Staunton, May 16 – At a St. Petersburg conference on the 200th anniversary of the death of Napoleon Bonaparte, Russian scholars drew some parallels between Vladimir Putin and the first Napoleon but even more between the current Kremlin leader and Louis Napoleon, parallels that point to still more radical changes ahead, Leonid Smirnov says.
In reporting the proceedings, the Rosbalt journalist quotes European Institute expert Oleg Kharkhordin as saying that “we all live among those institutions which the Code Napoleon marked the beginning of.” And both he and others insisted his most important contribution was to base his authoritarian power “directly on the people without any intermediaries” (rosbalt.ru/moscow/2021/05/16/1901678.html).
Bonaparte’s system was based not on three elements as the ancien regime had been but on two, “only the leader and the people,” Kharkhordin says, a structure “which it would be more correct to label not Bonapartism but Caesarism because it was introduced not by Napoleon but by Octavian Augustus.”
Grigory Yudin of the Russian Academy of Economics and State Service adds that “Napoleon understood that divine right was over and a different legitimation was needed;” and he recognized that he needed to combine the empire and the republic” in order to make the whole that the revolution had won “something more long-lasting.”
A third participant, Artemy Magun of the European University argues that in some ways Bonaparte was reacting to the resistance of the outside world and the sense of injury France felt from this hostile reaction, a reaction that intensified significantly under the reign of Louis Napoleon almost half a century later.
“We see parallels in our own history,” he continues. “The collapse of the USSR delegitimized the world order, and we, having received Yugoslavia, Chechnya, Afghanistan and Iraq, live today in this state of panic” which recalls that which the first Bonaparte felt to a degree but which the third felt deeply.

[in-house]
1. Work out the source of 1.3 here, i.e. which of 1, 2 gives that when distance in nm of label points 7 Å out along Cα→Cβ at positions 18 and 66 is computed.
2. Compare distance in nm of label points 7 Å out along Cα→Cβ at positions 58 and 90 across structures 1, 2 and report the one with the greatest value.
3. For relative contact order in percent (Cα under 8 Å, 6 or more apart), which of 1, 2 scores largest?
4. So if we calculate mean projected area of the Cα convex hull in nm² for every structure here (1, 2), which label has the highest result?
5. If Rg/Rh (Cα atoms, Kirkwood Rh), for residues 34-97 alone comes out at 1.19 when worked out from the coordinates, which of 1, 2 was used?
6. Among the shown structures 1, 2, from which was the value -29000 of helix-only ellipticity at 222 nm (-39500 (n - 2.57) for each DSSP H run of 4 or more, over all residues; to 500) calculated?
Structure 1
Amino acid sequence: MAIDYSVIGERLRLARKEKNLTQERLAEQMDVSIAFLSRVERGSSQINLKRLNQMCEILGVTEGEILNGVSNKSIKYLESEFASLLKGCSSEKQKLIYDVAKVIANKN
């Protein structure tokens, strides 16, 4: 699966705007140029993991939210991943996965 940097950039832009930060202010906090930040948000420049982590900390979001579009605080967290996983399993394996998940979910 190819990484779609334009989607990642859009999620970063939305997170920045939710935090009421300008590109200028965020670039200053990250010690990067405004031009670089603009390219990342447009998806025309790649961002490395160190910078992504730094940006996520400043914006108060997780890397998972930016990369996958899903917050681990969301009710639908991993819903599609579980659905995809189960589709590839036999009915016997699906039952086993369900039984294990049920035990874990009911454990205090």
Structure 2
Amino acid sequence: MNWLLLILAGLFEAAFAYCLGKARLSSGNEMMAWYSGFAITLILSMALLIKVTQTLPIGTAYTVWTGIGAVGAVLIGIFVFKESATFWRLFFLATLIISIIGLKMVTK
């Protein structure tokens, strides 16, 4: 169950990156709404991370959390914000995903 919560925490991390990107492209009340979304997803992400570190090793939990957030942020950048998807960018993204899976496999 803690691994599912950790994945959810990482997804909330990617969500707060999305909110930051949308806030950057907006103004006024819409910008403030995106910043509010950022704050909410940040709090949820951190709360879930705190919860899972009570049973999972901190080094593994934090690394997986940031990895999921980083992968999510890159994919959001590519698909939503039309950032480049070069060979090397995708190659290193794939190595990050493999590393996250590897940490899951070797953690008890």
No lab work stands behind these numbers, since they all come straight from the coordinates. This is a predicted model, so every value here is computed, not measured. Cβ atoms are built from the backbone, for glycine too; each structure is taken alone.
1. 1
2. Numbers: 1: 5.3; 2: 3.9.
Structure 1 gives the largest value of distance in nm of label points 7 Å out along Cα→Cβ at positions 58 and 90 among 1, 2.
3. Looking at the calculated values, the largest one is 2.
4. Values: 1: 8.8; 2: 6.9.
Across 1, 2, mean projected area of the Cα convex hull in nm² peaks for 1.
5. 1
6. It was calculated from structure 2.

“Our situation is very similar to Bonaparte after the revolution,” Magun says. “Delegitimization has led to the formation of gray zones” which one’s opponents try to exploit and lead to the rise of “Bonapartist figures” not only in Russia but elsewhere, he continues.
Sociologist Grigory Yudin says that more can be learned from the parallels suggested by Napoleon III who was emperor of France from 1852 to 1870. “The foundation for his coming to power was resentment and the complex of historical defeats.” And he used democratic institutions to legitimate himself -- he was president before he became emperor -- before insisting on the need for “a return to monarchy.”
Thus arose “a powerful tradition,” the sociologist continues, one “between monarchy to which there was no return and the republic which seemed excessively radical.” That plebiscitarian impulse has appeared elsewhere, of course, but in France, it has never disappeared entirely.
Russia today, he says, “also suffers from a complex of historical defeat, and we also have a leader who operates directly on the masses, demanding democratic legitimation and trying to actively promote it with the assistance of plebiscites.” In that respect, Russia and its leader now are quite like France in the middle of the 19th century.”
Magun suggests in response that what we are seeing in Russia is happening around the world because of the crisis that arose with the collapse of the Cold War world. “The demand for a charismatic leader is very great in mass culture, especially now when ever more people are alienated from bureaucratic structures.”
“This is very dangerous: we can in the course of the next historical turn of events get a Bonaparte, and not only in Russia.”